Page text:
Minister Chris Ballard spoke about the upcoming changes on Thursday, following the announcement of an NDP private member’s bill promising much the same thing — and a CBC Toronto series focusing on the fallout the limited safety net for renters has created for young professionals in this city.
“It’s absolutely unacceptable that renters are facing the pressure that they’re facing today,” Ballard said in an interview with CBC Toronto’s Dwight Drummond. “So we’ll be bringing forward legislation that expands on the rent controls that are currently in place.”
Ballard’s comments come a few hours after NDP MPP Peter Tabuns said he would table a private member’s bill that calls for an end to the so-called 1991 rule, which exempts property built after Nov. 1, 1991 from provincial rent control.
Younger renters and those in lower socioeconomic brackets appear especially vulnerable to the law’s recent effects. They’re being priced out of buying a home and pushed into a competitive rental market with a one per cent vacancy rate for condo apartments, something CBC Toronto documented in a series of profiles.
Former premier Mike Harris’s Tory government made the 1991 loophole law in 1997, saying that it would spark developers to create more apartments to address what was considered a stagnating rental supply.
But tenancy advocates argue that the move didn’t spur the necessary level of rental property development — and Ballard told CBC Toronto that he agrees.
The minister said that he’s “absolutely” open to revisiting that particular segment of the law.
That increase has been set at 1.5 per cent for 2017. And a landlord must provide 90 days notice before the increase can legally come into effect. Currently, there are no such regulations for properties built after November 1991.
A number of landlords’ and tenants’ associations that reached out to CBC Toronto as part of the No Fixed Address series say the 1991 rule has created a “two-tiered system.”
Ballard didn’t say whether that same annual increase guideline that affects pre-1991 properties could blanket newer rental properties as well.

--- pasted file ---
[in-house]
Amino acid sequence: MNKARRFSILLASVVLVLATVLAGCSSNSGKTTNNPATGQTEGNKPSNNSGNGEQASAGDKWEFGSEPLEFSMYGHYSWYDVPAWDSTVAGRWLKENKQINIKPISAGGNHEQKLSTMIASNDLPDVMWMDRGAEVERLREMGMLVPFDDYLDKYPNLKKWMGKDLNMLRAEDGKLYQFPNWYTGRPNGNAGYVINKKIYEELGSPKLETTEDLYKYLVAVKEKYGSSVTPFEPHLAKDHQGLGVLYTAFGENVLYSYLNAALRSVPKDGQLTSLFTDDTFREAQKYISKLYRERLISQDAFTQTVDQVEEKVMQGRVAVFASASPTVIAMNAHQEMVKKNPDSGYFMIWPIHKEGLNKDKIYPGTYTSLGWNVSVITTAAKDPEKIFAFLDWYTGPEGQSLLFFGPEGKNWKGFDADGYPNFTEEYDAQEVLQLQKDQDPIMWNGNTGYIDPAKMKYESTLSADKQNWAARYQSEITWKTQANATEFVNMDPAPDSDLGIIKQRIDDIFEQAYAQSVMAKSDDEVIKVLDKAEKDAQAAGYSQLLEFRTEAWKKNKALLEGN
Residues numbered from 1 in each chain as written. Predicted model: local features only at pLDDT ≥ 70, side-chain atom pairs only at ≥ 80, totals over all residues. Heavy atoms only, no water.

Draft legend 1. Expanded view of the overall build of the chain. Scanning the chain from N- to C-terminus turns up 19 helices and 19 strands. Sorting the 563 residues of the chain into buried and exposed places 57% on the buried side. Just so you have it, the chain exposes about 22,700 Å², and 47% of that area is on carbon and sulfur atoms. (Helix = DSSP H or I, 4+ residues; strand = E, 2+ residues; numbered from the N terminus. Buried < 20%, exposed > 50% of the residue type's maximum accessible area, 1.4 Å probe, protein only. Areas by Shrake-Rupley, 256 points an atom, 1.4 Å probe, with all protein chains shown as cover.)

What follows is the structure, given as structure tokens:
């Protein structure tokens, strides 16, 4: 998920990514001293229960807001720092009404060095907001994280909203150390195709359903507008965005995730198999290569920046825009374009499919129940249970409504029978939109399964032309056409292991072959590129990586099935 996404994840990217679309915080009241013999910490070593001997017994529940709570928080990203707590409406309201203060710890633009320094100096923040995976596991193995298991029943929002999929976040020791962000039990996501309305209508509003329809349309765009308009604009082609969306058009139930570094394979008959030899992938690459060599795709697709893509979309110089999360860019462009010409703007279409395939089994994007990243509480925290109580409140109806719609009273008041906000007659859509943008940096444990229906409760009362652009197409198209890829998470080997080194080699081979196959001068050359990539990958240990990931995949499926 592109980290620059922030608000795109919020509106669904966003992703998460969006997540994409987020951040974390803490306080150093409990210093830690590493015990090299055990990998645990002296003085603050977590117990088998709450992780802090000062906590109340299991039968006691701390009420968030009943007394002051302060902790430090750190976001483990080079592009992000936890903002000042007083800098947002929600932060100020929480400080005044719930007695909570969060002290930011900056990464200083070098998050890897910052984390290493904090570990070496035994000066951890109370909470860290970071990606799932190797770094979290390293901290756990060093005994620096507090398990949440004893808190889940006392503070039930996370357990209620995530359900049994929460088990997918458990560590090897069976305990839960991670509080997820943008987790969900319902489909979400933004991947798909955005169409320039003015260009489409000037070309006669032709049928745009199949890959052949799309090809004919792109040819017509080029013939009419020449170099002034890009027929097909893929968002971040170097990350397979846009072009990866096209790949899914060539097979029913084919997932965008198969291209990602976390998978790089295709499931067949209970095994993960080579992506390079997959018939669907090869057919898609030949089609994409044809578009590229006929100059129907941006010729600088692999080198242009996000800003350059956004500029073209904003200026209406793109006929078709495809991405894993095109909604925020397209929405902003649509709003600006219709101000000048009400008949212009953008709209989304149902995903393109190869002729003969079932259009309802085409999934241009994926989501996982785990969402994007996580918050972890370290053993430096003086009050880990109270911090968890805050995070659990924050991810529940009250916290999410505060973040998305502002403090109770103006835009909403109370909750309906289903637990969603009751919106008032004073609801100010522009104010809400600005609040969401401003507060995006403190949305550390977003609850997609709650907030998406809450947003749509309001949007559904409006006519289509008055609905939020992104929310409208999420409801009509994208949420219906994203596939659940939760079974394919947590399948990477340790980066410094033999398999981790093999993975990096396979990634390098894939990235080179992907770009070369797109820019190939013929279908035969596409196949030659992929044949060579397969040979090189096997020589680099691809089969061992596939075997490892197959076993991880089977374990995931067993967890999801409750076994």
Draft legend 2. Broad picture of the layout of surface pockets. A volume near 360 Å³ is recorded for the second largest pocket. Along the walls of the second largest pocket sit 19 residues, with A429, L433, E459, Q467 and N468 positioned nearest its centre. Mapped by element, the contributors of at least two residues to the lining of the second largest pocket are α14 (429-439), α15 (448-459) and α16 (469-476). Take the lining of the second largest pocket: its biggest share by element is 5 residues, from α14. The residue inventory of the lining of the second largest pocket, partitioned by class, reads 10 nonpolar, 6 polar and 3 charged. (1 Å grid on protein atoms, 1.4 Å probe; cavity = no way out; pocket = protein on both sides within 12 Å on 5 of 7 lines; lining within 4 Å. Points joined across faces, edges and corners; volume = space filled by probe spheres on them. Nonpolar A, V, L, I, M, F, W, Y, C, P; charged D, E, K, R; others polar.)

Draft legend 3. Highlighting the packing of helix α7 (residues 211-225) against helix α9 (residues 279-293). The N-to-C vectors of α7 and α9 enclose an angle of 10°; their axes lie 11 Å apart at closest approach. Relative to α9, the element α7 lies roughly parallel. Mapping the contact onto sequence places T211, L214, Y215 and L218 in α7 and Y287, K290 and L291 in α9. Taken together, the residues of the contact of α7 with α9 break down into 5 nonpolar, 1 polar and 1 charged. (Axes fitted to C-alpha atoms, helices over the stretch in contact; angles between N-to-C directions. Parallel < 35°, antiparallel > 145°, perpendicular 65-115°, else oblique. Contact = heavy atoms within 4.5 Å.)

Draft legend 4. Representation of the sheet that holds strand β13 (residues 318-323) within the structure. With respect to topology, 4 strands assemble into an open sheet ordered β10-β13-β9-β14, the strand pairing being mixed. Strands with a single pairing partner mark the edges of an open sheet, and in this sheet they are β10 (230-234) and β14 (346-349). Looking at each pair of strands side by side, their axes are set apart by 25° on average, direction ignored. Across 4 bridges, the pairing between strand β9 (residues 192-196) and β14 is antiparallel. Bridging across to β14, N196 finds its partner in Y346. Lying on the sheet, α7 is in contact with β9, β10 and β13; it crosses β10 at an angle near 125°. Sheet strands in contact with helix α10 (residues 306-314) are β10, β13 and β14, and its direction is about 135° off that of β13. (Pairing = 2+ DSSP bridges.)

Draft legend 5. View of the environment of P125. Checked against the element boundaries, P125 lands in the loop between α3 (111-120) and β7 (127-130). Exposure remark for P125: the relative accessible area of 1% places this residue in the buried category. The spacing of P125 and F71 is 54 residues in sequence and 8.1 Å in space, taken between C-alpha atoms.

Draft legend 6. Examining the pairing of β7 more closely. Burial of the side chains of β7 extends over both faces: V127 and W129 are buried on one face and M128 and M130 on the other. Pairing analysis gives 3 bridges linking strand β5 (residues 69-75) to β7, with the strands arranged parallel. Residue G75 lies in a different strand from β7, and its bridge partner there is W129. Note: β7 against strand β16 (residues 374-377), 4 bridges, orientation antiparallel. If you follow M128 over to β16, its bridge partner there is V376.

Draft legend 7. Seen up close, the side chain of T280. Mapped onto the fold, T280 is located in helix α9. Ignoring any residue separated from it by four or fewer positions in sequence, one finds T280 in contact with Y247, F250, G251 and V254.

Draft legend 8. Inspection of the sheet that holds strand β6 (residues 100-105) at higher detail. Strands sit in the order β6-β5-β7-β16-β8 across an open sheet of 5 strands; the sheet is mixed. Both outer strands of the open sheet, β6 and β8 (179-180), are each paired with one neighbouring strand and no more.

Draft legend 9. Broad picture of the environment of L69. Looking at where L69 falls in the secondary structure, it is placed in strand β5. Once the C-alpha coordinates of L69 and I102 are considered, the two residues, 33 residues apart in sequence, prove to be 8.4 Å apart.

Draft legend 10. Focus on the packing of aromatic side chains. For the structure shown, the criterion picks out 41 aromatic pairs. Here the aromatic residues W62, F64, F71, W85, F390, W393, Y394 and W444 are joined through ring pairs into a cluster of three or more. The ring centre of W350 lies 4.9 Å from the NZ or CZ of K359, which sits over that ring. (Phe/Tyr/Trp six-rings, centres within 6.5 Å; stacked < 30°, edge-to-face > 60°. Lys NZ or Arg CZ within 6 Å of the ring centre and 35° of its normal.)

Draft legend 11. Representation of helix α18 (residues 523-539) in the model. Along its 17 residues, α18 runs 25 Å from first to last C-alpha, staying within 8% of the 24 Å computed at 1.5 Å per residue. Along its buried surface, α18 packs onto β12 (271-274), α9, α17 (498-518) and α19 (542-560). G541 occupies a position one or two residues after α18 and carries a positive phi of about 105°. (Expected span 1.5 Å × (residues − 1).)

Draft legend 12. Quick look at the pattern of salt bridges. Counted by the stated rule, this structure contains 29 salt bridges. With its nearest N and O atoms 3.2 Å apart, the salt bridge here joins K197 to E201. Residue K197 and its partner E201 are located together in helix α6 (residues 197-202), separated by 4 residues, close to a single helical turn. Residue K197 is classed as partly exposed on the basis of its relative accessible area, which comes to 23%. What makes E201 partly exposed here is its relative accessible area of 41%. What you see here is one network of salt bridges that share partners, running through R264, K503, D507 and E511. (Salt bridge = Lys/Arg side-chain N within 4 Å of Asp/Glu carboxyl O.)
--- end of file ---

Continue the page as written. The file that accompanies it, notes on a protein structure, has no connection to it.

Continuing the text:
Earlier Thursday, Jim Murphy, president and CEO of the Federation of Rental Housing Providers, said that rental regulations help to maintain some security for investors, and changing the rules will create uncertainty.
“Now is not the time to make changes that would adversely impact investor confidence,” he said in a telephone interview.
But the housing minister said that any changes would balance the issue of limited rental supply with the need to increase protection for renters.
The number of condo apartments rented through the Multiple Listing Service (MLS) during 2016 in the Greater Toronto Area dropped by two per cent to 26,602 units, according to a January report released by Urbanation, a real estate consulting firm. That’s the first annual decline since it began monitoring the data in 2011.
“I know that supply is still an issue in Toronto — it’s still a big issue — so I don’t want to do anything that’s going to put too much of a chill on the building marketplace,” Ballard said. “Something has to be done and the focus right now is taking some of the pressure off of our tenants.”
He noted that the province made changes to the Planning Act in 2011, which encourages municipalities to create bylaws that allow homeowners to rent out a basement or secondary suite. When the change came into effect, the province said it would help with the supply issue for renters and reduce the burden on homeowners.
Right now, the condo apartment vacancy rate in Toronto sits at one per cent — the city’s lowest in seven years.